Disputed Munch at Leopold Museum
Leading expert has “severe doubts” about work lent to Vienna museum by Norwegian collector
By Clemens Bomsdorf. Museums, Issue 230, December 2011
Published online: 15 December 2011
The attribution of a painting on show in Vienna’s Leopold Museum as work by Edvard Munch has been questioned by a Norwegian expert in the artist’s work, who is the author of the Munch catalogue raisonné, published in 2009. Two years ago, when Two Children on the Beach, around 1904, was first displayed in the Austrian museum, an accompanying caption said that it was “attributed to Munch”. Now the painting, which belongs to a leading Norwegian collector, is displayed with no such caveat.
Gerd Woll, the author of the Munch catalogue raisonné, and the former senior curator at Munch Museet in Oslo, says she “very much doubts” the work is by Munch. When researching the catalogue raisonné, Woll was asked to include the painting several times, but declined. “When I saw the painting I was doubtful, and where there are severe doubts a work should not be included,” she says. “We were even threatened with a court case if we didn’t include it,” she recalls. Woll questions the painting’s authorship because: “There is no documentation, such as provenance or exhibition history, connecting this painting to Munch and the subject has not been recognised in any other work by Munch. Technical analysis shows similarities to paintings by Munch, but [this] is insufficient evidence.”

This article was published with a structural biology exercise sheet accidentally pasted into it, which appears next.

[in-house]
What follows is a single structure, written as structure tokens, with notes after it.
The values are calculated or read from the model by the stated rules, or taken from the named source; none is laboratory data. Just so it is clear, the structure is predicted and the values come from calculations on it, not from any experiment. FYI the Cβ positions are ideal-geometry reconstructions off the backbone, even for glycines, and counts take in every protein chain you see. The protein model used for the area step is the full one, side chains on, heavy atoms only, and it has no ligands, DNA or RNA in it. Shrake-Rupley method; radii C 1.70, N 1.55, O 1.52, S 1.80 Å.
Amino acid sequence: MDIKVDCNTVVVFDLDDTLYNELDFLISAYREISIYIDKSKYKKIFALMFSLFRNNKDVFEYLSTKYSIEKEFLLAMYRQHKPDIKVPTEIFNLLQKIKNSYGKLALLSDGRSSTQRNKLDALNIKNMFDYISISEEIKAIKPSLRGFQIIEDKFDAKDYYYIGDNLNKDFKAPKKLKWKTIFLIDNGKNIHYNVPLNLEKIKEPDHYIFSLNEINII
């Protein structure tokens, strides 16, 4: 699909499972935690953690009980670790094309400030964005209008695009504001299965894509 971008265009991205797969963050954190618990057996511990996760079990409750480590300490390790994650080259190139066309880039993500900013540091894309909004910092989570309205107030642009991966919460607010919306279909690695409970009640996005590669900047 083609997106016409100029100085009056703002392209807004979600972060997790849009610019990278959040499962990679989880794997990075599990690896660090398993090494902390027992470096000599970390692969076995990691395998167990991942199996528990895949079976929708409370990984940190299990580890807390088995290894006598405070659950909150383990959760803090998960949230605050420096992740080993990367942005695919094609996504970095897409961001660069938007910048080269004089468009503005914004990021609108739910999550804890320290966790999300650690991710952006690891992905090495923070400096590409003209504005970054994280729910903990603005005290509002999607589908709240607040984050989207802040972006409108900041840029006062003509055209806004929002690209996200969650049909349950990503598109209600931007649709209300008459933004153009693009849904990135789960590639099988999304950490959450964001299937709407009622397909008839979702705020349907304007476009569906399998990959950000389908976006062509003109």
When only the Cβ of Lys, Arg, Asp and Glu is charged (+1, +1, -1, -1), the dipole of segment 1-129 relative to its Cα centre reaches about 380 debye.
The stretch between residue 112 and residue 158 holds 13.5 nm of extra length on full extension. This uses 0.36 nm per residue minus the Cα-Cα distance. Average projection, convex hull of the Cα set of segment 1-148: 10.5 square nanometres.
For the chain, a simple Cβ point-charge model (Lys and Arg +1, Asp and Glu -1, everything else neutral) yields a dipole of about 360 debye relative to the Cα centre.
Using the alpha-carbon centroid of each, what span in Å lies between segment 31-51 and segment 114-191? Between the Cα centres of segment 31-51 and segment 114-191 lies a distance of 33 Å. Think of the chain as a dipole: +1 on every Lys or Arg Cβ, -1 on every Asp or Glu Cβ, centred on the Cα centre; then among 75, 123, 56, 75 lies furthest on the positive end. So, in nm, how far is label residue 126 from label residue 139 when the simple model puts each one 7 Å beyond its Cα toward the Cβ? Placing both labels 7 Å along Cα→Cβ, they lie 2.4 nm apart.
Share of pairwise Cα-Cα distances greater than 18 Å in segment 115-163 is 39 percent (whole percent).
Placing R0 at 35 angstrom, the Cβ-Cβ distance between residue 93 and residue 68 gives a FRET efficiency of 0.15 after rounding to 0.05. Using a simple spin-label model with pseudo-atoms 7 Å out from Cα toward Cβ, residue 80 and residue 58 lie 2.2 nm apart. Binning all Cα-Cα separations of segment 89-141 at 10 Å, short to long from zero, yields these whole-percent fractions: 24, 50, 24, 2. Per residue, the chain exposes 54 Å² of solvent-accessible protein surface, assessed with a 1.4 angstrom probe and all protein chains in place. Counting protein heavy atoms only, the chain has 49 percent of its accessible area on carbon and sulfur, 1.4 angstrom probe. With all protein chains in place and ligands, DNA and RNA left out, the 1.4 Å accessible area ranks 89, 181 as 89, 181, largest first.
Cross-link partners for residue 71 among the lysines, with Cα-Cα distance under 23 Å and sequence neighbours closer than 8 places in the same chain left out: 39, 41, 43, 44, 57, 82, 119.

The painting on show in the Leopold Museum comes from the collection of Håkon Mehren. (The Leopold Museum’s caption states that it is from a private collection.) Mehren is confident that the painting is by the artist. Mehren was a close friend of the late collector Rolf Stenersen and regarded him as a father figure and tutor. Stenersen owned a large collection of Munch’s work, founded the Stenersen Museum and wrote a biography of the artist. “The work is definitely a Munch. He only painted himself as a child twice: once in Eventyrskogen [around 1903], which hangs in the National Gallery [in Oslo], and once in this work,” Mehren says.
Mehren bought Two Children on the Beach about 30 years ago, he says, but could not say who previously owned the work. Mehren admits that documentation of the painting’s provenance is lacking, but cites instead the technical analysis made by the Doerner Institute in Munich, which reinforces his confidence in the work. When approached by The Art Newspaper, Andreas Burmester, the director of the Doerner Institute, declined to discuss the analysis on the grounds that the institute never comments on its work to third parties.
Franz Smola, a curator at the Leopold Museum, shares Mehren’s confidence that the painting is by Munch. Smola confirms that when first shown in “Edvard Munch and the Uncanny” at the Leopold in 2009, it was only said to be “attributed to Munch”. The curator explained that since then a new analysis has been done “where fingerprints were examined”. This, he says, confirmed the thesis that it is a “real Munch”.
Smola was referring to an analysis carried out by Peter Paul Biro, a Canadian art expert who runs Forensic Studies in Art. Biro is suing the New Yorker magazine for questioning the validity of his methods: the publication is counter-filing, asking the judge to dismiss the case. Mehren does not use Biro’s findings to support his opinion that the painting is by Munch.
“I have not put the work up for sale, but might do so in the future,” Mehren says. “With the money, I would like to establish an art foundation.” Paintings by the Norwegian artist have been sold at auction for prices ranging from $1.6m to $33m in the past four years.
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